Clinical Review

The extremely premature neonate: anticipating and managing care

BMJ 2009; 338 doi: https://doi.org/10.1136/bmj.b2325 (Published 22 June 2009) Cite this as: BMJ 2009;338:b2325
  1. Natalie K Yeaney, consultant in neonatology1,
  2. Edile M Murdoch, consultant in neonatology1,
  3. Christoph C Lees, consultant in obstetrics and fetal-maternal medicine2
  1. 1Department of Neonatology, Addenbrooke’s Hospital, Cambridge University Hospitals NHS Foundation Trust, Cambridge CB2 2QQ
  2. 2Department of Fetal-Maternal Medicine, Addenbrooke’s Hospital
  1. Correspondence to: C Lees christoph.lees{at}addenbrookes.nhs.uk

Summary points

  • Improvements in neonatal care mean that many extremely preterm infants now survive, but neurodevelopmental and other morbidities are common

  • The incidence of extremely preterm birth is increasing

  • Survival rates improve greatly with each week of gestation

  • The use of antenatal corticosteroids and the baby’s sex, birth weight, and condition at delivery affect survival and should inform decisions about resuscitation

  • Guidelines can aid the clinician at delivery, but detailed discussions with parents, obstetricians, and neonatologists should be undertaken, ideally before delivery

  • Sustained support of families is essential

  • Prevention is the best way to limit the mortality and morbidity associated with extreme prematurity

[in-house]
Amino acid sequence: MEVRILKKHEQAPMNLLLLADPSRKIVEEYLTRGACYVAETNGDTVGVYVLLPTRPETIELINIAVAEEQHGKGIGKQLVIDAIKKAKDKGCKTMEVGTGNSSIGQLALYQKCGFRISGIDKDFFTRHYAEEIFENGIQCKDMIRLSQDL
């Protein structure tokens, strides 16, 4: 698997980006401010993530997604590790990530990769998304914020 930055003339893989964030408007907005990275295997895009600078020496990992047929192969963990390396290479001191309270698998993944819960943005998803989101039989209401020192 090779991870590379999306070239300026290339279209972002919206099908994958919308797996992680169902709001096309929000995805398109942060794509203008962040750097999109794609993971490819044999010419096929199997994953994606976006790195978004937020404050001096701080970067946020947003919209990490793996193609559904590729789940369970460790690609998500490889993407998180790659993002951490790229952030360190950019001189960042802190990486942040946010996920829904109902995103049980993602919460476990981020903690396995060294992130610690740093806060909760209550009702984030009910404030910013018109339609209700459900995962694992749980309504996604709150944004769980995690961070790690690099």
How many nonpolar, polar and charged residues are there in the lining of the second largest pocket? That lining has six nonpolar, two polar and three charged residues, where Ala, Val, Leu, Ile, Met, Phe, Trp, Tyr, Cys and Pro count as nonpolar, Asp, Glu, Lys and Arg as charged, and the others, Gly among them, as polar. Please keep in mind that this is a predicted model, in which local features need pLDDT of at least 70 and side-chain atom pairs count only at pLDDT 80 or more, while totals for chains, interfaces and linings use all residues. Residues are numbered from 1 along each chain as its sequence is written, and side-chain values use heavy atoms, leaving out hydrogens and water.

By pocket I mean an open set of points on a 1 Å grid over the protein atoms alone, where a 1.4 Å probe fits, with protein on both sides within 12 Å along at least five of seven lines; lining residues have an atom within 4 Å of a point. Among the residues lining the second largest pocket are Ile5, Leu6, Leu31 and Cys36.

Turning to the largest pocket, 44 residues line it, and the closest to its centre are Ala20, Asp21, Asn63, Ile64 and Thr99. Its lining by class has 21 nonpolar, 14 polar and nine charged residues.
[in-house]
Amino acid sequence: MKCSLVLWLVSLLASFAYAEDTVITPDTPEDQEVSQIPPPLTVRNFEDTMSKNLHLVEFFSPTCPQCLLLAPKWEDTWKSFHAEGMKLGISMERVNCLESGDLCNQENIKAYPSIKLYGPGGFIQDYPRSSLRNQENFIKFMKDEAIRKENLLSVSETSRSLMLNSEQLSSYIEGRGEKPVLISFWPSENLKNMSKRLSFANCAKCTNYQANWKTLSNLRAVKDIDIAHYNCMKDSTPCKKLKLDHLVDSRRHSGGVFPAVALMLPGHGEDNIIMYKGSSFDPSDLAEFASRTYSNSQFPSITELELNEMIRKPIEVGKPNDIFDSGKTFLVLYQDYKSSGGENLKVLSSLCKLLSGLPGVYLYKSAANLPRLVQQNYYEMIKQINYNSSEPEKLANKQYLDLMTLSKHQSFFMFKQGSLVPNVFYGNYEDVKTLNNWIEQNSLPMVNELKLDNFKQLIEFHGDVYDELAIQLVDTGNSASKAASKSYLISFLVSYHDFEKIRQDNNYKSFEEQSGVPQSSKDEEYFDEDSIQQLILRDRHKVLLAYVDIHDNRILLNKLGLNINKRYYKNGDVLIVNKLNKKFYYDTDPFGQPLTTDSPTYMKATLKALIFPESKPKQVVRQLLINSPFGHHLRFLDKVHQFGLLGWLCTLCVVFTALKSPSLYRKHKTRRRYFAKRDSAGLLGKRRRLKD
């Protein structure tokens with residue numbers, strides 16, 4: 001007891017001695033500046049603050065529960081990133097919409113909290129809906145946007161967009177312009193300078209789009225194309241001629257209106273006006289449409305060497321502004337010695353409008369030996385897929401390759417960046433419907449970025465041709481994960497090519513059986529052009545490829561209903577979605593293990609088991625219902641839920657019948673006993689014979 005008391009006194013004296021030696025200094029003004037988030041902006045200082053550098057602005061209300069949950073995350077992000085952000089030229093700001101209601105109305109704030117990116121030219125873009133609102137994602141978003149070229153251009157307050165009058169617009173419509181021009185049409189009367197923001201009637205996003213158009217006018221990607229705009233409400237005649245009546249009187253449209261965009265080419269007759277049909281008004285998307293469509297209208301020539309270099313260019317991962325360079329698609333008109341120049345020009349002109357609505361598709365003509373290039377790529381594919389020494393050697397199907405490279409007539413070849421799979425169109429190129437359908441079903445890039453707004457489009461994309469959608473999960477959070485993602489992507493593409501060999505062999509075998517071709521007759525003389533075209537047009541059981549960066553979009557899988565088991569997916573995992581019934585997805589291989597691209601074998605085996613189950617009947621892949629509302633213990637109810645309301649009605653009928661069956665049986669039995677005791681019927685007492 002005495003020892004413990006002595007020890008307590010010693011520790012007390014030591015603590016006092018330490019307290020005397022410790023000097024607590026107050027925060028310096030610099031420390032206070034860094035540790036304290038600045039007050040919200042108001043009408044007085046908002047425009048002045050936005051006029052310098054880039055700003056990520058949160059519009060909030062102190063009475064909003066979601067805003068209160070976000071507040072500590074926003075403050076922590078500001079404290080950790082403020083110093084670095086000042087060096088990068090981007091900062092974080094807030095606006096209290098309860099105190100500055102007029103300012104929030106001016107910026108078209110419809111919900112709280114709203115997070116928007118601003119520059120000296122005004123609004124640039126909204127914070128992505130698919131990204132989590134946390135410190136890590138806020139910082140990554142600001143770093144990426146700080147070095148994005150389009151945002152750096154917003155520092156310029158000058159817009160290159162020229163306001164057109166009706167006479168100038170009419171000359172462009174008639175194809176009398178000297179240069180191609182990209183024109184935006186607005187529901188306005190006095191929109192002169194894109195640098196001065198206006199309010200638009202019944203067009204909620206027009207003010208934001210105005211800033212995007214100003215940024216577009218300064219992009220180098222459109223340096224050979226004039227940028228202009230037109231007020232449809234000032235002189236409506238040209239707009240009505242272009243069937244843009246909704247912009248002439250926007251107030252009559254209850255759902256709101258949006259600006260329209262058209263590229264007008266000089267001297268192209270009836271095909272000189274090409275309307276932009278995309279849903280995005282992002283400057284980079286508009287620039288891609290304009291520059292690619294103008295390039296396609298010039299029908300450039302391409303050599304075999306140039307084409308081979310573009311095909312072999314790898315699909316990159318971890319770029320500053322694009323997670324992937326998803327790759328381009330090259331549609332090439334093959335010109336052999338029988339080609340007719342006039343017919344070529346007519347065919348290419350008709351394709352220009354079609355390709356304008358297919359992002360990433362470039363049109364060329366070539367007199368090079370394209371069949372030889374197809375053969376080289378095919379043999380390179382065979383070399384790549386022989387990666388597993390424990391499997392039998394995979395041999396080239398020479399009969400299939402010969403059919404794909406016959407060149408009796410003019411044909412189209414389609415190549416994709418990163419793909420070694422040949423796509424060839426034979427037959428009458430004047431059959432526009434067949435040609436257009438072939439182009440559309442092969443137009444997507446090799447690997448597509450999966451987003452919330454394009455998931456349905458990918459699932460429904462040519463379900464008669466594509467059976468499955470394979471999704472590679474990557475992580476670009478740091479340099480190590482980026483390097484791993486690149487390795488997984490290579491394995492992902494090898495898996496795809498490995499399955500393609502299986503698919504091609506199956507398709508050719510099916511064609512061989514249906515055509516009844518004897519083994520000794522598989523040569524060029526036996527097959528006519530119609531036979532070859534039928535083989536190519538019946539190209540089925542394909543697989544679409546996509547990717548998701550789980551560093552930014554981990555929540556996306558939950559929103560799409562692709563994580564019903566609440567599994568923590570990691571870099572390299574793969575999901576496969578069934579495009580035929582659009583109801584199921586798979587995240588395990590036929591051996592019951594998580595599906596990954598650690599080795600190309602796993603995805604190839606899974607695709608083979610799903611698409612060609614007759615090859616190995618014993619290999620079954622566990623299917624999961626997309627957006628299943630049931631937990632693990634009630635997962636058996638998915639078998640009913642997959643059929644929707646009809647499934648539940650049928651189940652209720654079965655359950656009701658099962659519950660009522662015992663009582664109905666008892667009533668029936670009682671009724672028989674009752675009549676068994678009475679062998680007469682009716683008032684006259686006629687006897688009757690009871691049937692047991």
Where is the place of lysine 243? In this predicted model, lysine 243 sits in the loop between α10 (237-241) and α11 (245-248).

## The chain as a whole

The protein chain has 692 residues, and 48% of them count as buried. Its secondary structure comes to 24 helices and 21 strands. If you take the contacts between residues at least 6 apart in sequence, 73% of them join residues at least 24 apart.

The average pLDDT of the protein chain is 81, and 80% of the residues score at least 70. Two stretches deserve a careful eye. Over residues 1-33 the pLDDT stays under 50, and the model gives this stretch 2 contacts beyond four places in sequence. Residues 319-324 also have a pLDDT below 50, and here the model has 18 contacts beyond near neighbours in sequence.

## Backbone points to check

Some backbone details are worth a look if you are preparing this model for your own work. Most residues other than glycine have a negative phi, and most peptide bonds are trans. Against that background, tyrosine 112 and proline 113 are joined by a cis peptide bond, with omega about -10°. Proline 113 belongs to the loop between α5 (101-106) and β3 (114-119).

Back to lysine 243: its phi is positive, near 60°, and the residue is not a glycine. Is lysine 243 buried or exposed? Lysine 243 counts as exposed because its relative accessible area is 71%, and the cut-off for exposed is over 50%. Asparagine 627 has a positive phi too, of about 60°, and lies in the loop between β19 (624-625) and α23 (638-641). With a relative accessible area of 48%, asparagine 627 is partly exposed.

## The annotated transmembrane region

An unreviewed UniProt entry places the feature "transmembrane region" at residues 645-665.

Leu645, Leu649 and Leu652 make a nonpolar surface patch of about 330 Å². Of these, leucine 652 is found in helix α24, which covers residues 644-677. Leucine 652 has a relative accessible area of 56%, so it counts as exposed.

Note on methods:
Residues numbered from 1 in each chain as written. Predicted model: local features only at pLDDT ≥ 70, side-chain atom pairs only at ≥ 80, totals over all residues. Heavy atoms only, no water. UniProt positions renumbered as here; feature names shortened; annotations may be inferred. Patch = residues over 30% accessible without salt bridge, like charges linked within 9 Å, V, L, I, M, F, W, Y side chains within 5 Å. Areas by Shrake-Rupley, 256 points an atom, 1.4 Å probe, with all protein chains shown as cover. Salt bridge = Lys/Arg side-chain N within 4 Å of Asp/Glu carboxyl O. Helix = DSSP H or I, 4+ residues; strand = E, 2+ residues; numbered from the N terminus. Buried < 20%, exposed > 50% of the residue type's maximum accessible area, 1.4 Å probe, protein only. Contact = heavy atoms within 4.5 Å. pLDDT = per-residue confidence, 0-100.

Preterm deliveries are increasing in absolute numbers and as a proportion of all births. According to NHS data for England in 2006, 2000 births—0.3% of all births—were extremely preterm (23-25+6 weeks’ gestation).1 Similar numbers are reported by other western European countries. Preterm births have increased by 20% over the past two decades in the United States, mainly because of the 42% increase in twin births.2 Advances in neonatal intensive care for babies born at the margins of viability have improved survival, but these infants are more likely to have long term morbidities and to use healthcare resources extensively in the first 2 years of life. Data from the Neonatal Research Network show that babies born before 26 weeks’ gestation spend at least 111 days in hospital during infancy and incur intensive care costs of more than £100 000 (€114 000; $160 000).3 An emotional and financial burden is often placed on families and community support systems. One or more family member may leave paid work to care for the baby, or skilled day care providers may help care for a child with serious ongoing medical conditions.4

Sources and selection criteria

We used our knowledge of the current literature, guidance statements from national …

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